Nokia Monster Purity HD headphones - Unboxing and first impressions

Earlier today we ran a story about AT&T discounting the Nokia Monster Purity HD headphones from $199 to $99. While many of you will still balk at such a price, we’re sure a few of you have a cocked eyebrow and are considering the purchase.

Being the tech geeks we are, we figured we would help you out by springing to our local AT&T outlet and pick up a pair. While we won’t full on review them now, you can watch our video below to see what’s in the box and after the break, I’ll share my initial thoughts...

First impressions

The Nokia Monster Purity HD headphones (whew, that’s a mouthful), are actually lighter than I thought. Not that I expected weights for headphones but they are surprisingly nimble. Traditionally, I’ve had mixed results with on-ear designs as they’re comfortable for the first 30 minutes but if you wear them for a few hours (say on a trans-continental flight), they can become unbearable. From my experience there are two crucial pressure points: the apex where the headphones make contact with the top of your skull and ear pressure.

After wearing the headphones for 20 minutes, I have to admit they are quite comfortable. For reference, I’m comparing them to my Sony MDRNC200D Noise-cancelling, on-ear headphones (Retail: $199). While I would have expected the padding to be more substantial, so far I’m not getting any ache on the top of my skull, unlike my Sony’s.  Likewise, the headphone ear pads are rather large—that’s a good thing, as it more evenly distribute the pressure on the ear. While I can’t say they won’t hurt after 2 hours, I can say they are very comfy to wear. The seal for sound is also very good.

  • Frequency response: 20 - 20000 Hz
  • UI features: Call controls, Music controls, Volume controls
  • Weight: 180g

In terms of audio, it’s a very rich, almost ‘warmfuzz’ sound. In listening to Godspeed You! Black Emperor, I quickly toggled between the Sony’s and the Nokia Purity HD—I was kind of shocked at how much better the Purity’s sounded (this is with the digital noise-cancellation off on the Sony). I then put on an electronica mix album Good Fellas (Goa-Psy Trance) and was also left impressed.

On the Nokia Lumia 920, I found myself turning on Treble boost under the graphic equalizer, which tells me these are a little heavy on the bass side—more so than I would have thought. Boosting treble though worked for me, which is a departure from my usual setting of Loudness when I use the in-ear Purity headphones.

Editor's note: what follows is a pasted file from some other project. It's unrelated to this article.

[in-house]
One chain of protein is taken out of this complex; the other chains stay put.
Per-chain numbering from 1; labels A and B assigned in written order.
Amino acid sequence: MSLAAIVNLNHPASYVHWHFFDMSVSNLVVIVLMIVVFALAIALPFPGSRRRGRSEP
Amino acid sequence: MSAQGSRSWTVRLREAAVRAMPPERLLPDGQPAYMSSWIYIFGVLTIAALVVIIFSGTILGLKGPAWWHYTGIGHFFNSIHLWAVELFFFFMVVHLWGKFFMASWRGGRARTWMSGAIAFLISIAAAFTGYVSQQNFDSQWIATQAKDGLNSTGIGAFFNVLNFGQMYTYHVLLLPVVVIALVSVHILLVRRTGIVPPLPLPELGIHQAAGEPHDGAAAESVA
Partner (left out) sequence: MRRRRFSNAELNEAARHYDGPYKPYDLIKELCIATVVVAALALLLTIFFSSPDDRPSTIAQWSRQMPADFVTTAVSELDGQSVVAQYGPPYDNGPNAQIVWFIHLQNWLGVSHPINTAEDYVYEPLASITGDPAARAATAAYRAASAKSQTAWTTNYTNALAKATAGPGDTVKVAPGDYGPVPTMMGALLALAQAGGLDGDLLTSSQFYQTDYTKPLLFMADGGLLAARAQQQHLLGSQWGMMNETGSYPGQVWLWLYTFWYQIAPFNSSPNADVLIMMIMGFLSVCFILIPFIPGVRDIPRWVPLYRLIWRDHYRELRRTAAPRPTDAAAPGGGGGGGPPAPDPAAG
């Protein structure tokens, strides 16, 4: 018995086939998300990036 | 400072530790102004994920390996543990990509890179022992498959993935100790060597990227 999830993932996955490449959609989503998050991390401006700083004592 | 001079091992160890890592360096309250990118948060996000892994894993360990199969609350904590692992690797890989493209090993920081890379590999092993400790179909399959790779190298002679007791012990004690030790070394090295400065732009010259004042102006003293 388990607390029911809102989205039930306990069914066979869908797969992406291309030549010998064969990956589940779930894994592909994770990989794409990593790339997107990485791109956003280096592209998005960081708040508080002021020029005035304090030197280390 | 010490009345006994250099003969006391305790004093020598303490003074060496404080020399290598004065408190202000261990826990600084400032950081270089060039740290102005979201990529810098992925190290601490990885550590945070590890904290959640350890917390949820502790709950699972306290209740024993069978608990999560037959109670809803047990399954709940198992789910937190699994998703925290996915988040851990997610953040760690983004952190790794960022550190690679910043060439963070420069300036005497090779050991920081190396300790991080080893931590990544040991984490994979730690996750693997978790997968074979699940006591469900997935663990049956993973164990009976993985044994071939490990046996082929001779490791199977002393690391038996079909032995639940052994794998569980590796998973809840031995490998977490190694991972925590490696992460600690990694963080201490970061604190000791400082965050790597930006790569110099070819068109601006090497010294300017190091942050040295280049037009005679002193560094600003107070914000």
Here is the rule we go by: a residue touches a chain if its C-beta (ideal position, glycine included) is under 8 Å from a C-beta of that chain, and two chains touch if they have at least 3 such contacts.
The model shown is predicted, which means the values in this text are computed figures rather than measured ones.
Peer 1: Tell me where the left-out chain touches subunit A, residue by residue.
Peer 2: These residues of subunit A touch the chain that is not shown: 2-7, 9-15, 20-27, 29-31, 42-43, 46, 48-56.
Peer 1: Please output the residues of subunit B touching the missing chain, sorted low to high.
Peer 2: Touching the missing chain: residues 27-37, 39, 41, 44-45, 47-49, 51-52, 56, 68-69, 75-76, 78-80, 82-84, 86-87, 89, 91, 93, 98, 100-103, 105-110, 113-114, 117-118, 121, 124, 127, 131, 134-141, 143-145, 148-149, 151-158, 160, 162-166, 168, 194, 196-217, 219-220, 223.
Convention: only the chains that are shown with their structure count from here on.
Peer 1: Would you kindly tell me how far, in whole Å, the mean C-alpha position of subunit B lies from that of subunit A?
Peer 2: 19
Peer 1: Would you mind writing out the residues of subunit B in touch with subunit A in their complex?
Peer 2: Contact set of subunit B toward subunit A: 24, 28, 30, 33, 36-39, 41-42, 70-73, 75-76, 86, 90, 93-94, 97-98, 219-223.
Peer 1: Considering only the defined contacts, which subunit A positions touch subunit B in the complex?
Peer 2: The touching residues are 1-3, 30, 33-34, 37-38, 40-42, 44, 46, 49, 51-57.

We’ll do a more in-depth report in a few days but my off-the-cuff impression is I don’t feel ripped off. In fact, I’m quite impressed how well they compare to my Sony’s, which due to comfort problems I barely use. Even forgetting the comfort issue, the audio quality to me is much better as well.

In other words, I’m very happy with ‘em. Time will tell if that holds, especially with the newer Nokia Purity Pro headphones supposedly right around the corner. Those feature NFC pairing, Bluetooth streaming and 24-hour battery life, quite the step up in technology from these wired Purity headphones. Of course, there's a price for that too, which is estimated to be $300.

You can pick up the Nokia Purity HD headphones from AT&T (online or check stores for availability) or through online retailers.

Daniel Rubino

Daniel Rubino is the Editor-in-chief of Windows Central. He is also the head reviewer, podcast co-host, and analyst. He has been covering Microsoft since 2007, when this site was called WMExperts (and later Windows Phone Central). His interests include Windows, laptops, next-gen computing, and watches. He has been reviewing laptops since 2015 and is particularly fond of 2-in-1 convertibles, ARM processors, new form factors, and thin-and-light PCs. Before all this tech stuff, he worked on a Ph.D. in linguistics, watched people sleep (for medical purposes!), and ran the projectors at movie theaters because it was fun.